On the one hand, there are quite a few countries that require lots of documentation to apply for a tourist visa. Bank statements, self-declaration, proof of funds, travel insurance… Then the endless wait, trying to differentiate between calendar days and working days. And then there is the Sri Lankan ETA.
It is, by far, the easiest and fastest visa application process I’ve gone through. It doesn’t require you to upload a scan of your passport or photograph, or any other documents. All it requires is five minutes of your time, plus or minus a few minutes here and there, in case the kettle has come to a boil for your umpteenth cup of tea, or you need to reconfirm your credit card security code.
Applying for an ETA
Electronic Travel Authorisation – that is what it is. It’s an electronic approval that is sent to your registered email address, allowing you to land at any of the designated ports in Sri Lanka. Depending on your purpose of visit, you can opt for a tourist, business or transit visa. While tourist and business ETAs allow you double entry for a maximum of 30 days, a transit ETA allows you a stay of two days.
All you need to do is log on to the official website at eta.gov.lk and click on the apply tab. Once it opens in a new browser, fill in the relevant details correctly, agree to the terms and conditions, and then proceed to fill in the online form.
After you have reviewed the filled in form, click the confirmation tab, after which you pay the relevant fee. While it starts at USD 20, depending on your nationality and purpose of visit, I got lucky when I travelled in December 2019. Because of the unfortunate events during Easter, the government has proactively decided to forego the visa fees for most tourists. As an Indian passport holder, the visa fee was waived. However, depending on your nationality and period of travel, please confirm if the visa fee waiver is still active.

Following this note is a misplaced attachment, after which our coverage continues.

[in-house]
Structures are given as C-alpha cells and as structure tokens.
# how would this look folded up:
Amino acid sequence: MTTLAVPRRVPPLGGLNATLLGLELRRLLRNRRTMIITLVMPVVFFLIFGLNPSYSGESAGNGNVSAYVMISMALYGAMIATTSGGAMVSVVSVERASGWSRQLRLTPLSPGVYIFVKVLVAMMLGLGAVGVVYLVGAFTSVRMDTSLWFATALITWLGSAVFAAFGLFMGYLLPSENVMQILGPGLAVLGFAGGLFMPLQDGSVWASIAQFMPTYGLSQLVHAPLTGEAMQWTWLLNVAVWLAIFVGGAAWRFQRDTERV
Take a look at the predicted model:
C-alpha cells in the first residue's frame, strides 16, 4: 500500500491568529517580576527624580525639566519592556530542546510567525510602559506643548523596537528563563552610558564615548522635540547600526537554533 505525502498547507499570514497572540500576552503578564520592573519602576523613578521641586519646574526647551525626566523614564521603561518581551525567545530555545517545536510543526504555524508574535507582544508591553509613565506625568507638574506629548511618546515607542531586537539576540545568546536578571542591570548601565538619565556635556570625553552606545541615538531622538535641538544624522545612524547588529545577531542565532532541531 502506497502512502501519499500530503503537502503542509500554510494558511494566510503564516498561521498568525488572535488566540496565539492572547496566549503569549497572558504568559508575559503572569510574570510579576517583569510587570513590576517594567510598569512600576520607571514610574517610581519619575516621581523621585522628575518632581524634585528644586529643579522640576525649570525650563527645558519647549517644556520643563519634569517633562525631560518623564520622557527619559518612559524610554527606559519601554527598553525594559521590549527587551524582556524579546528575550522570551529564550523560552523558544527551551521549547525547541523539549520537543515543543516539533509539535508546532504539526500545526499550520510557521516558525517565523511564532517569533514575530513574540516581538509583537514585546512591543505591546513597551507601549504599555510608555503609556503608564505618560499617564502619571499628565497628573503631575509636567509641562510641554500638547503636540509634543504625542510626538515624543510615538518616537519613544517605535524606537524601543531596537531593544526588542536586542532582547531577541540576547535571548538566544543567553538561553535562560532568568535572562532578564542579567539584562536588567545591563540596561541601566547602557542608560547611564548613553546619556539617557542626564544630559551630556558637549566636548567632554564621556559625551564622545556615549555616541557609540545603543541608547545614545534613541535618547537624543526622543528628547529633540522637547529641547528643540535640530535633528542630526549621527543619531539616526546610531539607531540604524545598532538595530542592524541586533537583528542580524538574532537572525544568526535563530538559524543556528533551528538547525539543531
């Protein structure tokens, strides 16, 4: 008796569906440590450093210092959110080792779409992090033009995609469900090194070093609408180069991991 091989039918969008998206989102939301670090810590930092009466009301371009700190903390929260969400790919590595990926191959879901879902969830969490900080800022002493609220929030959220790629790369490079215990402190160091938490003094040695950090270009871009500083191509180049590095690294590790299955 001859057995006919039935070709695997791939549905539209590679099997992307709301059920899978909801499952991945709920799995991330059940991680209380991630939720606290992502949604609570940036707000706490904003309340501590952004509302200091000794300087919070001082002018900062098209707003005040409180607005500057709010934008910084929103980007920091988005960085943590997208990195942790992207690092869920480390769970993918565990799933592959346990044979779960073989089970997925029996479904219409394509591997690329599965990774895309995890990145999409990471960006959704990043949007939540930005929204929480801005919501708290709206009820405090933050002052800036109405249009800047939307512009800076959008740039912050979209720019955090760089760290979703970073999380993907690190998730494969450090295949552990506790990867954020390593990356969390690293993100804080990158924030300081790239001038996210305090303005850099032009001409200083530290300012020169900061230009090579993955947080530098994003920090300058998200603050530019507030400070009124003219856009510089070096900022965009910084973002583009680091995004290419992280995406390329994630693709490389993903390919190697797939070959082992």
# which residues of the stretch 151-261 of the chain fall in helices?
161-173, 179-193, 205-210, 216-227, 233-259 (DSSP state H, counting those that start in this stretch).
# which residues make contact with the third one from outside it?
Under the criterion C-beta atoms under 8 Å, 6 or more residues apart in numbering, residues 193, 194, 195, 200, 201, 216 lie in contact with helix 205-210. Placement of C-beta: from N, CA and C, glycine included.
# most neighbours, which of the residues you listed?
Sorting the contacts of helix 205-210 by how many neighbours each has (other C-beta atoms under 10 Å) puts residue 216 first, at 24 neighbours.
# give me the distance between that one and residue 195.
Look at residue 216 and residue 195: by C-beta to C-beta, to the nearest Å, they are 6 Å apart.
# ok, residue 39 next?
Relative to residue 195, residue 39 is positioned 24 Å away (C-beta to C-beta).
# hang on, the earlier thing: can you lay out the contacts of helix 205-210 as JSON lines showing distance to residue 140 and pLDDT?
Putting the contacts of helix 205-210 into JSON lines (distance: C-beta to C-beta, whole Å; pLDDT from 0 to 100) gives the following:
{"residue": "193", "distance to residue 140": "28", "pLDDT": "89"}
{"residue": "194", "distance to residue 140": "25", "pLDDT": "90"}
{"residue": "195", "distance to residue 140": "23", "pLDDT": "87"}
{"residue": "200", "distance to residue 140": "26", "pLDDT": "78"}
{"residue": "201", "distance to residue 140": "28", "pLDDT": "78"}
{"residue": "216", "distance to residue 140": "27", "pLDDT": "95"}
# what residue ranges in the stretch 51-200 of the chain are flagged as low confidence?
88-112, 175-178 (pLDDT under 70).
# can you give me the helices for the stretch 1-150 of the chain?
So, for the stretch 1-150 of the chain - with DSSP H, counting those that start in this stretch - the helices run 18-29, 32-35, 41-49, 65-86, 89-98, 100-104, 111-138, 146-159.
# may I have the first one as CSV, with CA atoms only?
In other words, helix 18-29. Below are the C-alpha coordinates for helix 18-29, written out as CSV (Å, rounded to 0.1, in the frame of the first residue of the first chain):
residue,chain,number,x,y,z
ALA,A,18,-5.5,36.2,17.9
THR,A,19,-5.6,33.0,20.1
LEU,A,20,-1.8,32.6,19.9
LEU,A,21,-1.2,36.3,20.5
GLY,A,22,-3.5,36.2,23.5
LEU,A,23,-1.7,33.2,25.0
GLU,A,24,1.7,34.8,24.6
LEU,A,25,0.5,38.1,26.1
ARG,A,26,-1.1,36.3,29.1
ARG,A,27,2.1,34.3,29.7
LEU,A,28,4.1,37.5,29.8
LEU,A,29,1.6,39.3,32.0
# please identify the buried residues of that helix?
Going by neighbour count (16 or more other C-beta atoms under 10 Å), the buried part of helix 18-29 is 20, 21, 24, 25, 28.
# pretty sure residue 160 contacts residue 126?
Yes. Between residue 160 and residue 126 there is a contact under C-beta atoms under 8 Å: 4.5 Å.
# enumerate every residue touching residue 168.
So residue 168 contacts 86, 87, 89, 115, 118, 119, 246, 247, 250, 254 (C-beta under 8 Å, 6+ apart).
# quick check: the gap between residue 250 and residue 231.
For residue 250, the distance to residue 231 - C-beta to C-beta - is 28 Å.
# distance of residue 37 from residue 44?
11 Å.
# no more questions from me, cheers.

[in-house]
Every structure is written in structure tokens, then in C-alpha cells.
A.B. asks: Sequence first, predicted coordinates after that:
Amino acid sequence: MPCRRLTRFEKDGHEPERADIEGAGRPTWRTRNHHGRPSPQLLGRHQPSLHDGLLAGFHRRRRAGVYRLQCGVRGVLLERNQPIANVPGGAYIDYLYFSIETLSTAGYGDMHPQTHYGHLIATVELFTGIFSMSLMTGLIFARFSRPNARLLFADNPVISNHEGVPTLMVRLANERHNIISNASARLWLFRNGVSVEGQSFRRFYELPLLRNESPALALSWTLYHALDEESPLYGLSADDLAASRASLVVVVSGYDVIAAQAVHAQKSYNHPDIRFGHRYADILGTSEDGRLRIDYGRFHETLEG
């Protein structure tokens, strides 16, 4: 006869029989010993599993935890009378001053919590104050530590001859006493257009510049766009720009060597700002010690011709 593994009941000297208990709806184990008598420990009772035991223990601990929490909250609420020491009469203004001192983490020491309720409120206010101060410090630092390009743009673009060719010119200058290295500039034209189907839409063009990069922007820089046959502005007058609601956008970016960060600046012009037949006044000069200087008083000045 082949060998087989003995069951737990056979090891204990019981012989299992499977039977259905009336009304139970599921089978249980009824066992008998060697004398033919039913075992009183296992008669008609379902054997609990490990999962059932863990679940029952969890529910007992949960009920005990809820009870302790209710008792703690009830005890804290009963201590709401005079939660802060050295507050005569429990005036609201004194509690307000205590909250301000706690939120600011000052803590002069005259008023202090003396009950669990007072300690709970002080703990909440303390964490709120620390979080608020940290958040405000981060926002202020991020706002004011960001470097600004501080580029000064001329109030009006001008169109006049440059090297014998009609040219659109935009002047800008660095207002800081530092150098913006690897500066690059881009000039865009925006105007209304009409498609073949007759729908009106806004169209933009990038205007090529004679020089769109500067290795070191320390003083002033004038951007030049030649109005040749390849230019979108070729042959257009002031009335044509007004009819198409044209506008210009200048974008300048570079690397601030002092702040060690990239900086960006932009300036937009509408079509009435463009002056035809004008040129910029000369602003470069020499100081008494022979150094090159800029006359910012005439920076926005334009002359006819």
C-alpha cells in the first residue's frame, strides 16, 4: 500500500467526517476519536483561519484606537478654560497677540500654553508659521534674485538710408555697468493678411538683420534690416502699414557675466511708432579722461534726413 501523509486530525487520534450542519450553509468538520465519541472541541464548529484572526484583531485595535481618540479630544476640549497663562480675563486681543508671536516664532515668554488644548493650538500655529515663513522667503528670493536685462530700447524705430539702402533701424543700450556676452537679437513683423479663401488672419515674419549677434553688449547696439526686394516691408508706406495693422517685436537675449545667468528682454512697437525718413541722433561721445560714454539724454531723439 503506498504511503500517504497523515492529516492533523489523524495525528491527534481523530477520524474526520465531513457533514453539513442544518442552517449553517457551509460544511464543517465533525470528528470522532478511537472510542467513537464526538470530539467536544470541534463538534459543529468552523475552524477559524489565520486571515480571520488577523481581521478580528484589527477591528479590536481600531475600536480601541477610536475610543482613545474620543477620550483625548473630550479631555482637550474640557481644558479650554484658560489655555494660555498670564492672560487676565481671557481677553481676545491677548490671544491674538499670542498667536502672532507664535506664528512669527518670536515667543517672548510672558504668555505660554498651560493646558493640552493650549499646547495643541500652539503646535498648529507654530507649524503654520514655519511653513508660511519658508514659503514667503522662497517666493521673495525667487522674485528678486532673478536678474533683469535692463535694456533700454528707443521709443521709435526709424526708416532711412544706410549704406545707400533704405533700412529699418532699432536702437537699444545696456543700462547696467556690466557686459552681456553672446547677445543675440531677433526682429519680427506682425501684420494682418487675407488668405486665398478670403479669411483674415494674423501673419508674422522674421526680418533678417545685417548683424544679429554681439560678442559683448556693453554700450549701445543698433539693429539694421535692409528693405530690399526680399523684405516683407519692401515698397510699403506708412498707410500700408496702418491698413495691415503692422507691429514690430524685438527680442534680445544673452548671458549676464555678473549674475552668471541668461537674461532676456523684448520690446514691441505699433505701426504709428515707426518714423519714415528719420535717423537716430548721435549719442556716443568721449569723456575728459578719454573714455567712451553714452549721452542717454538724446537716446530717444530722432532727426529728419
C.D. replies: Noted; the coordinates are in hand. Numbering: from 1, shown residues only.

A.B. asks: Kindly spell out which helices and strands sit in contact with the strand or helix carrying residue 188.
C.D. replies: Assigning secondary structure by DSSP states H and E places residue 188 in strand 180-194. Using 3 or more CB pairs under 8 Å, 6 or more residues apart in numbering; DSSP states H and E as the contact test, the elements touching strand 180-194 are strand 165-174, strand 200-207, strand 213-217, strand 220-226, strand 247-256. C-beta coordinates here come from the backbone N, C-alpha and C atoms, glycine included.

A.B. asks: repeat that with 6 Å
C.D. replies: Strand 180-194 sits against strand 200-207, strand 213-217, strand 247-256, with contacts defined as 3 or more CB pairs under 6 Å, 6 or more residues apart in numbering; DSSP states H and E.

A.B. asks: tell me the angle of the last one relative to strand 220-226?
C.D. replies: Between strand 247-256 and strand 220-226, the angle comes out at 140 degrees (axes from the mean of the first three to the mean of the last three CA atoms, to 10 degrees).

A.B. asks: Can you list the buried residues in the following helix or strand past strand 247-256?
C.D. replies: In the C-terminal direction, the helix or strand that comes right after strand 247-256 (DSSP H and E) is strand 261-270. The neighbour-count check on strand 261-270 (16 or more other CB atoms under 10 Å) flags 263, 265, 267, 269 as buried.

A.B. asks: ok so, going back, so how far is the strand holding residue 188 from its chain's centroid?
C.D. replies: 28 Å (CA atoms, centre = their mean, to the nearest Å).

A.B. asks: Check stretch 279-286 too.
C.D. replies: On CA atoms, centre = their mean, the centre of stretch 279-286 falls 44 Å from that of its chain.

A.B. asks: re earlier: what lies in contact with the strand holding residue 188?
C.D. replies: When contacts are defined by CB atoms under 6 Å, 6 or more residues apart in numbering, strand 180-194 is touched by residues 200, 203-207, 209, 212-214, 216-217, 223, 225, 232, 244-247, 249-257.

Once this is all done, and you have submitted your form, you will immediately get an email confirmation noting that your application has been received. I suggest you go get yourself a cup of tea and come back to your email box. Chances are you will have already received another email, this time, with your approved ETA. Seriously.
While I only saved a soft copy of the ETA on my mobile, you don’t need to stress too much about carrying a printout. That’s because, upon approval, the immigration authorities in Sri Lanka already have it in their system. How’s that for a seamless process.
So, you finally made it to Sri Lanka. Now, a few formalities before you get out and explore.
I landed at Bandaranaike International Airport. I’ll presume so are you.
Once inside the arrival section of the airport, just look around you. The reason I state this is that on two previous occasions, I have patiently stood in line, with other passengers who have arrived, only to be ushered to another separate line all together.
When you walk up the stairs, your immediate instinct is to follow the rest of the passengers and start lining up behind them. All fine, except that they are all Sri Lankans. For tourists, there is a separate line on the right-hand side, immediately after the stairs. That is the line you want. While the signage is clear, often, my brain is not at its best immediately after hopping off a flight.
Once your turn comes, hand your passport to the immigration officer, who, after scrutinizing it and asking a few questions, will print out a small visa sticker and affix it on the passport, after which it is stamped.
Now, all that is left is to head to the luggage carousel, pick up your luggage and you are set to discover and savour all that this beautiful island has to offer.
If all visa applications were as easy as this, the world would be far more welcoming to genuine travellers.
Note: While this article considers e-visas for Indian passport holders, please check whether your nationality is eligible for an e-visa. However, some nationalities may need to apply in their respective countries. I suggest you confirm the same before you make any plans.